ASL Lessons | Bookstore | Library | ASL University Main ►


Is it okay for Hearing people to teach sign language?

 

Students of ASL may receive mixed messages regarding whether or not it is okay for Hearing people to teach ASL. 

A way to approach the question of "who can or should" teach ASL -- is to consider:

Does this activity help or hurt the Deaf Community?

Then make the question increasingly granular (as in "specific") for each case:

Does a Hearing parent teaching their child a mix of 90% accurate and 10% not so accurate signs benefit the Deaf Community? In general, yes -- if the child  grows up with positive vibes toward the Deaf and chooses to become an interpreter or just be a general ally to the Deaf.

Does a qualified Hearing person who has a lot of experience with the Deaf community and a near native understanding of ASL teaching ASL in a remote community where there are no Deaf seeking jobs help or harm the Deaf Community? In general it helps the Deaf Community.

Does an unqualified Hearing person (who doesn't know many basic signs and has an incorrect understanding of many signs) calling their self a teacher and justifying it because technically they learned a little bit and are teaching that little bit to someone else help or hurt the Deaf community? Well, it tends to bastardize the language and annoys the natives.

By the way, "bastardization" isn't a swear word.

Definition: "bastardize"
1. To change (something) in such a way as to lower its quality or value, typically by adding new elements.

I know some wonderful, qualified Hearing teachers of ASL doing great work.

I also know a poorly qualified individual that took a job for which I was a candidate when my family was young and I needed the work and the medical insurance. The individual later  sought me out to ask me questions about how to sign things.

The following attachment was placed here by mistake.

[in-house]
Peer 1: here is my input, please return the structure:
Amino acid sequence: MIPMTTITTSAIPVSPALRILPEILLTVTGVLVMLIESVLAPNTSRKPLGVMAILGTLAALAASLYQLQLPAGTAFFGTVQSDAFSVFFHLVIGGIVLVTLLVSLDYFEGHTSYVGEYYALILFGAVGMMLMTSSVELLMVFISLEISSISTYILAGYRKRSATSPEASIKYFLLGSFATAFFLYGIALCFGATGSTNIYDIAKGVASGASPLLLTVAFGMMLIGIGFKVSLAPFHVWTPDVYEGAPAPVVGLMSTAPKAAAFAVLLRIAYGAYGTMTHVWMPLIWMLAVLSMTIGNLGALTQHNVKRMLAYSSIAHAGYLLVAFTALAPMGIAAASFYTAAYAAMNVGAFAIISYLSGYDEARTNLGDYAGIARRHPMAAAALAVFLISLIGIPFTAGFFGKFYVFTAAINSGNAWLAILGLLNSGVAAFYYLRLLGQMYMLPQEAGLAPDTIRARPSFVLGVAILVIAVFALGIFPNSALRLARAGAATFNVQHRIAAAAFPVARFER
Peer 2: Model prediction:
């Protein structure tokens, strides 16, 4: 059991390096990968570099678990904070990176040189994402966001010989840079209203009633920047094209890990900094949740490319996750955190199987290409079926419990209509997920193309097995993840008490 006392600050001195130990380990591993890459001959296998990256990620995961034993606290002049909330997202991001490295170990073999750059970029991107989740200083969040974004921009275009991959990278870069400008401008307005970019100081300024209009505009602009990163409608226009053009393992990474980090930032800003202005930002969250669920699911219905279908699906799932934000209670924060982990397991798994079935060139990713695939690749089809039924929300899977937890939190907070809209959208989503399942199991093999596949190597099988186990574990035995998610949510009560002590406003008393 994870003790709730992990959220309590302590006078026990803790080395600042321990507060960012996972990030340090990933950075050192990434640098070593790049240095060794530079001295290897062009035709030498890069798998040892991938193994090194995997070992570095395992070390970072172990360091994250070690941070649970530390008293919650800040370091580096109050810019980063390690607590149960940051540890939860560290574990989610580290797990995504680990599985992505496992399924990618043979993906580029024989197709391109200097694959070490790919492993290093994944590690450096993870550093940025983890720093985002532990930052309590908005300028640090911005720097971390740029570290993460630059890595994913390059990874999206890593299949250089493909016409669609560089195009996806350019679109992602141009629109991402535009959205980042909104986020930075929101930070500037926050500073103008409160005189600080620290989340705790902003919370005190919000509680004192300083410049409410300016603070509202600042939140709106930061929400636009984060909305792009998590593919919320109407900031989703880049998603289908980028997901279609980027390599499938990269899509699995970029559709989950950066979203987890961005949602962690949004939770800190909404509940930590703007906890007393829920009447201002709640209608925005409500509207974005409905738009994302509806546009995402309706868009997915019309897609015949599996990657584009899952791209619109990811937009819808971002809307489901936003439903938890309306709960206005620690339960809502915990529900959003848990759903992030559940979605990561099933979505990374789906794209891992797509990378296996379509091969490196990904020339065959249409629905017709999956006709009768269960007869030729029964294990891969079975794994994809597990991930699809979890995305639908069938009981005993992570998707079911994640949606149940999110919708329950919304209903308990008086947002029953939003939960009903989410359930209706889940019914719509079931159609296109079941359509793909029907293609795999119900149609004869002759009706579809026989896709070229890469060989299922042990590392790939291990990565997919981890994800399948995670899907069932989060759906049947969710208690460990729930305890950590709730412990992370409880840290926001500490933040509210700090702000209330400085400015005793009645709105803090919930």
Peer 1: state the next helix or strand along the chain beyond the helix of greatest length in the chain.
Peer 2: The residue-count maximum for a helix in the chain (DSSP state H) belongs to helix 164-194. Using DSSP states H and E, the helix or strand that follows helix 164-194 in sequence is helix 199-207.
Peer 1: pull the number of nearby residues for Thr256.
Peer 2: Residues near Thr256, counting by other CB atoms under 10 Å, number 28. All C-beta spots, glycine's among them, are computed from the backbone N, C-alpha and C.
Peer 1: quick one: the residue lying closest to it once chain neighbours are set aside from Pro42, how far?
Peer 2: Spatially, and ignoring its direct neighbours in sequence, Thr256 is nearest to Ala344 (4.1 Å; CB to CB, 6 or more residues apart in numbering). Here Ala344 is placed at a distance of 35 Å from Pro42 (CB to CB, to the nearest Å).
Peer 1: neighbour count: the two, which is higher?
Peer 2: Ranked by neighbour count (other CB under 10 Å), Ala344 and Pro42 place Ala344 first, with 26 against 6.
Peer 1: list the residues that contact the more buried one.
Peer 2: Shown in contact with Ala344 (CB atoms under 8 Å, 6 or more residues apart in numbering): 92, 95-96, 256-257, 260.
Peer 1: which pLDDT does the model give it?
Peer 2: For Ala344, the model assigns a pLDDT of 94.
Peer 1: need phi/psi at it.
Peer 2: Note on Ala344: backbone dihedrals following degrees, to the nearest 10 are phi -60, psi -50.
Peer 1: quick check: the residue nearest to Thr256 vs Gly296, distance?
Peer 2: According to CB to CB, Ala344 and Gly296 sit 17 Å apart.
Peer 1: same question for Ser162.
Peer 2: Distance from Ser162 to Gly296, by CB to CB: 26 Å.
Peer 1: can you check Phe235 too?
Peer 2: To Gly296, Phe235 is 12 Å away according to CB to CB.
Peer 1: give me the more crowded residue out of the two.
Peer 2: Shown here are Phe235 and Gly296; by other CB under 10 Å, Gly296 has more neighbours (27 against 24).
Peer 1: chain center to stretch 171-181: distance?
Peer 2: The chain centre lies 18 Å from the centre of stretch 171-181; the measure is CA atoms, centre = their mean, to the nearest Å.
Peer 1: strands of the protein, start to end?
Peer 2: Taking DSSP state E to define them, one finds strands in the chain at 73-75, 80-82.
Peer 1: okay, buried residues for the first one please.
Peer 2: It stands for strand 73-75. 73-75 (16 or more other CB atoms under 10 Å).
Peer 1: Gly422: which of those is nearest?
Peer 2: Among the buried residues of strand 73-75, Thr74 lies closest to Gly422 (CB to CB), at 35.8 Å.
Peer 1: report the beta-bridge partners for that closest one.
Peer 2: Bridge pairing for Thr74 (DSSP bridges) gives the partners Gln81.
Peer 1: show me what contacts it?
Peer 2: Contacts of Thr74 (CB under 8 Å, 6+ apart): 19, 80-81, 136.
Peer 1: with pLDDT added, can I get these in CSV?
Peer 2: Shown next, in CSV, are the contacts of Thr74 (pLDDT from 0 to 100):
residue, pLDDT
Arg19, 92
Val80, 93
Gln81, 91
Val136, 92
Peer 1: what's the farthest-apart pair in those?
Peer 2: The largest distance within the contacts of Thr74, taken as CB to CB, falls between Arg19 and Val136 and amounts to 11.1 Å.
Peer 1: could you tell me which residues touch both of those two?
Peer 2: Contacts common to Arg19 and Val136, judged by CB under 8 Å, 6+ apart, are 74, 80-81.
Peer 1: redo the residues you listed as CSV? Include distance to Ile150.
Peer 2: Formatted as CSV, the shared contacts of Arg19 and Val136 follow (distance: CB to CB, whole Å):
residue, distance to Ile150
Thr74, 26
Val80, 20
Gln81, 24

The only logical answer to the question, "Is it okay for a Hearing person to teach ASL?" is -- "It depends."

Yet, when is the last time the majority of any sector of society behaved in a logical manner?

People, in general, are creatures of emotion and passion. We unconsciously or dysconsciously choose to stereotype and discriminate based on those stereotypes.

Definition: Dysconsciousness refers to an uncritical habit of mind (including perceptions, attitudes, assumptions, and beliefs) that justifies inequity and exploitation by accepting the existing order of things as a given. (Sagepub dot com)

The zeitgeist of the American Deaf Community is currently, in general, not in favor of Hearing people teaching ASL.

Definition: "zeitgeist"
1. The defining spirit or mood of a particular period of history as shown by the ideas and beliefs of the time. (Oxford)

So, is it okay for unqualified Hearing people to teach ASL?

No.

Is it okay for fully-qualified Hearing people to teach ASL?

Tentatively yes -- if no qualified Deaf person is around who wants the job.

Is it okay for semi-qualified Hearing people to teach ASL? 
 

No.  Become fully qualified first.





 



 

Notes: 
* Is it okay for someone who pulls out a sliver to call themselves a surgeon?

 

 

 

 

Also see: Just because you can sign doesn't mean you can teach:

 




*  Want to help support ASL University?  It's easy
DONATE  (Thanks!)

Another way to help is to buy something from Dr. Bill's "Bookstore."


Want even more ASL resources?  Visit the "ASL Training Center!"  (Subscription Extension of ASLU)  

*  Also check out Dr. Bill's channel: www.youtube.com/billvicars
 


You can learn American Sign Language (ASL) online at American Sign Language University  
ASL resources by Lifeprint.com    Dr. William Vicars